Etude No.7, Op.60 by Carcassi

Etude No.7, Op.60 (Allegro) by Matteo Carcassi (1796-1853) with performance, lesson, and sheet music. This from my edition of 25 Etudes, Op.60 by Matteo Carcassi. PDF or hardcopy sheet music for classical guitar. Comes with both a notation edition with left hand fingering and a separate tab edition in the same pdf. Intermediate to Early-Advanced (Grade 5-9). 142 Pages. Here is the YouTube link if you want to watch it there.

Etude No.7 is at a technique level of around Grade 5-6 depending on your desired tempo and level of musical refinement. It’s a great study for repeated notes and arpeggios as well as offering an opportunity to increase your tempo to an exciting tempo. This is not a tremolo piece in the guitar sense despite the repeated notes and it is likely Carcassi just repeated i-m but almost all modern guitarist use i-m-a making it an opportunity to develop that technique.

The twenty-five etudes in Op.60 by Matteo Carcassi (1796-1853) are one of the most important pedagogical collections for classical guitar. The etudes are both enjoyable for their musical content and pedagogically beneficial for their very clear technical objectives. Compared to other etude collections, both period and modern, Op.60 excels in its tightly focused compositional adherence to didactic goals. For this reason the etudes are excellent studies for students to test their skills in a controlled musical setting and a rite of passage from the intermediate to upper playing level.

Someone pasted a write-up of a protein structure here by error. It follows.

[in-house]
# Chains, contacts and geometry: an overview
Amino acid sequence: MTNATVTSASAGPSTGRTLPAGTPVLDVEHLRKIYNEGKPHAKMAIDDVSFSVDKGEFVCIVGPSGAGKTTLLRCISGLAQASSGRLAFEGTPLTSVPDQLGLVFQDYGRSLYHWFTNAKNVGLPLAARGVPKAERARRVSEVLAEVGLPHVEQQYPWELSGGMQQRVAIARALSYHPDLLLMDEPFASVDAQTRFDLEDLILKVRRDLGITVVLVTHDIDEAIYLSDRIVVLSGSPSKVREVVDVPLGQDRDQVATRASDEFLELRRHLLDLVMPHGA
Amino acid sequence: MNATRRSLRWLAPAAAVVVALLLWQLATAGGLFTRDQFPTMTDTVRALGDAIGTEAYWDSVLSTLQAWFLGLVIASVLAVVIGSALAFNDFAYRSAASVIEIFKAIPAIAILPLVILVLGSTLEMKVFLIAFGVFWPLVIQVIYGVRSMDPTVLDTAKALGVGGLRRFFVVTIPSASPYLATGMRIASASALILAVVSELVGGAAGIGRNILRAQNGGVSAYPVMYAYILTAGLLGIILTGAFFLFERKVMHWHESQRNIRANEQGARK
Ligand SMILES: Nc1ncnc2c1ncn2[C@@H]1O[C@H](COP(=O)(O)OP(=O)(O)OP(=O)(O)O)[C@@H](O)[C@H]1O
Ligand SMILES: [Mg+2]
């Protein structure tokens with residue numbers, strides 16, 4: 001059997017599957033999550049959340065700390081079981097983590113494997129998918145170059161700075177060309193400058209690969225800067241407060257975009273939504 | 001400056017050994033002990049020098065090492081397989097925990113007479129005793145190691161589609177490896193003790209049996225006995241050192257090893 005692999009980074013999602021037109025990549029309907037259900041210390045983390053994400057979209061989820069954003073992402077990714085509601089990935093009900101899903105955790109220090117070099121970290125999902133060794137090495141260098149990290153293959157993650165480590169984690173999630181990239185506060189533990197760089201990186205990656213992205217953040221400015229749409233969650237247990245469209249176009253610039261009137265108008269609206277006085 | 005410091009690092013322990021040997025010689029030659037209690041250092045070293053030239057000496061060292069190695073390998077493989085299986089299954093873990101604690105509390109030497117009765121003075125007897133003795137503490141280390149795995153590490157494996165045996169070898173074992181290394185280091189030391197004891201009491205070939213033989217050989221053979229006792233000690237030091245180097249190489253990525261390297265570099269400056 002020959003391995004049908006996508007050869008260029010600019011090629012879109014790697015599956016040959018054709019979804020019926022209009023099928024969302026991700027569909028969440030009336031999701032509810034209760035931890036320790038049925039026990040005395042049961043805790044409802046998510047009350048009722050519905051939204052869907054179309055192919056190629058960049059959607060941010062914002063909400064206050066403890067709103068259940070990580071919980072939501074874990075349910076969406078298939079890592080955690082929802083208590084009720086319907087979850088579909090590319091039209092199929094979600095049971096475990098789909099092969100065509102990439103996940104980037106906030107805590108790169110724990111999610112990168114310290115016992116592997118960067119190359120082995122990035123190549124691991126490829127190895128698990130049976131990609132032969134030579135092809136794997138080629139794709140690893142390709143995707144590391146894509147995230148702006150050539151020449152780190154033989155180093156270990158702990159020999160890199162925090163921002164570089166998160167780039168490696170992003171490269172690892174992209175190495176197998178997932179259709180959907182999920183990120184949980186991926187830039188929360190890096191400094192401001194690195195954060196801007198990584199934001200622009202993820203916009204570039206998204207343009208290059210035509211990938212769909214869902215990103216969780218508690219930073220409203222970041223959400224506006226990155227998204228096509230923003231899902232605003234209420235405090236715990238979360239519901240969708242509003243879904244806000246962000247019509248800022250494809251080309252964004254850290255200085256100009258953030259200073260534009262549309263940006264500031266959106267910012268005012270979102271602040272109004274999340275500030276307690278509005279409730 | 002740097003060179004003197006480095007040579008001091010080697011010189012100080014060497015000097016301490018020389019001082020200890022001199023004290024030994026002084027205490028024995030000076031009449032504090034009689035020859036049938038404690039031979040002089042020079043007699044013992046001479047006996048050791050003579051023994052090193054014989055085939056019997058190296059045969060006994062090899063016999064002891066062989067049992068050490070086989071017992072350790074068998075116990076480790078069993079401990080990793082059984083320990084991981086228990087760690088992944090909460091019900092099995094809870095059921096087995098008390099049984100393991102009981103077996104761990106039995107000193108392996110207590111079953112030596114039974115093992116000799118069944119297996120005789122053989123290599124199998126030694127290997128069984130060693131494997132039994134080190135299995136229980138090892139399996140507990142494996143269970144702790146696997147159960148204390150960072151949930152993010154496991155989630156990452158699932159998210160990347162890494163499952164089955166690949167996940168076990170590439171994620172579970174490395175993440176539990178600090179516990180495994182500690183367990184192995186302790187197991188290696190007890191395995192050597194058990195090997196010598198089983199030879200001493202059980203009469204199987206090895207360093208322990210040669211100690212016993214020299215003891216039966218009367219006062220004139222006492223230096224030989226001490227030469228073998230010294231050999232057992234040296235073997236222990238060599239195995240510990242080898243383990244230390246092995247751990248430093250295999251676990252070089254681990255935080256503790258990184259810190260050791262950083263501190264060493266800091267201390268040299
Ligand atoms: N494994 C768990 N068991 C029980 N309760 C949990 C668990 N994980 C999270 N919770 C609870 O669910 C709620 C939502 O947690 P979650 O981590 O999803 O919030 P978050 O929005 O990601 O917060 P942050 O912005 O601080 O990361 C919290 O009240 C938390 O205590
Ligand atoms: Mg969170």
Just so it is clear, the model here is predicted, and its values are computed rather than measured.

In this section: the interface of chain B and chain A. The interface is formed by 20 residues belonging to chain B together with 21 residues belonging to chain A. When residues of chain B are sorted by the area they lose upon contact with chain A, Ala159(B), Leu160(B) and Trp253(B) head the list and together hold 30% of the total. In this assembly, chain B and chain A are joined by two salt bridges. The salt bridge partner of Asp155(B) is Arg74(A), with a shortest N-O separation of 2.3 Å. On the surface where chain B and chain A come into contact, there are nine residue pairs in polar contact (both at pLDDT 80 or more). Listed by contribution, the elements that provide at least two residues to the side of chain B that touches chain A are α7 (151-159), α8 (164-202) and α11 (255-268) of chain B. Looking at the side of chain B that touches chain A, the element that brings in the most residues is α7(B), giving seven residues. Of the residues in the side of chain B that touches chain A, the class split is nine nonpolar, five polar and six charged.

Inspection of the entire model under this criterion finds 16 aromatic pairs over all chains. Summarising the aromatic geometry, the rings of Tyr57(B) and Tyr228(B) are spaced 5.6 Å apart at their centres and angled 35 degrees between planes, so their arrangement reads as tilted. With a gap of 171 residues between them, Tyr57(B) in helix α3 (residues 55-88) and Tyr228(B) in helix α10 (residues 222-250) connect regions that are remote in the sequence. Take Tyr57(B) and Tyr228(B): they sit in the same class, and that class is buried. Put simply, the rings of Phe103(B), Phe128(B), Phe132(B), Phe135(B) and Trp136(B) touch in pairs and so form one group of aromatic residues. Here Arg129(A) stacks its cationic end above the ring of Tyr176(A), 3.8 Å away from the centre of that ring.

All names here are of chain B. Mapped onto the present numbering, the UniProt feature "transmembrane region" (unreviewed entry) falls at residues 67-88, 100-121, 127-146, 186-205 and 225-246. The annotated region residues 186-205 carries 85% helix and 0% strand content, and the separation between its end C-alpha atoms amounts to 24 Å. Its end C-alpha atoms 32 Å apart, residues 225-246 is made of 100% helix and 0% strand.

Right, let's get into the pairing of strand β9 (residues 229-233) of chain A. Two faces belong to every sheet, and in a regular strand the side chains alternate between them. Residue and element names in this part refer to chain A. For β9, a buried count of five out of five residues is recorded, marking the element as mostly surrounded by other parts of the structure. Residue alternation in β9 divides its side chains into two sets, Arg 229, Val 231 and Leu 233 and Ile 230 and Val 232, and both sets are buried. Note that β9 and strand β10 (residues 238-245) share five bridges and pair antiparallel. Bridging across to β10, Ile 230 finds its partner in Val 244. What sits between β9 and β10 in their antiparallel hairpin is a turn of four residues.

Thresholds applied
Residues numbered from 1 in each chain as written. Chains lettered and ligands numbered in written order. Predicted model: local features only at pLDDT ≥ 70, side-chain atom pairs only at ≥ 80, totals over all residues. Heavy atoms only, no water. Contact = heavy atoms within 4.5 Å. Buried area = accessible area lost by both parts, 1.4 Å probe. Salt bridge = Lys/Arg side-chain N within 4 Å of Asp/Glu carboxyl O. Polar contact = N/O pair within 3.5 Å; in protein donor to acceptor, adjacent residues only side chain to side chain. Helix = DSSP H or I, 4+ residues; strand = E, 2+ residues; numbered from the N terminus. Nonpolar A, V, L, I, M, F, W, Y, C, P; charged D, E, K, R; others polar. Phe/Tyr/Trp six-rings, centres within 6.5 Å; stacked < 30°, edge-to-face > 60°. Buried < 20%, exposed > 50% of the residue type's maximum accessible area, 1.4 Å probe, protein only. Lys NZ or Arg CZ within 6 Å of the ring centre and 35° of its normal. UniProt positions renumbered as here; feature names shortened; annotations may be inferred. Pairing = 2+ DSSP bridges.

Subscribe to the free membership newsletter and if you’re just watching for free you can consider supporting the site. This video was performed on a Douglass Scott classical guitar with Aquila Cristallo strings and an ErgoPlay Troster guitar support. All my gear here.


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  1. Hi Bradford, thanks for all the material that you make available to guitarists around the world.
    That allegro piece by Carcassi you just played was so inspiring, due to your obvious awareness of emotional dynamics, even if it was a study. (I teach at a school and the head of music said that I must do proper pieces and not just studies. What a stupid thing to say, I then showed her some Carcassi pieces in the Trinity syllabus. Never had any problem since then.)
    I still have my original Carcassi books 1, 2 and 3, when I started playing classical guitar way back in 1960. After hearing your piece, I think I am going to lay off Paganini, Bach and Vivaldi for a while and go back for revision.
    I think I am still a member of your FREE member list as I still get your news letter.
    Thanks again.
    Allan Travers
    South Africa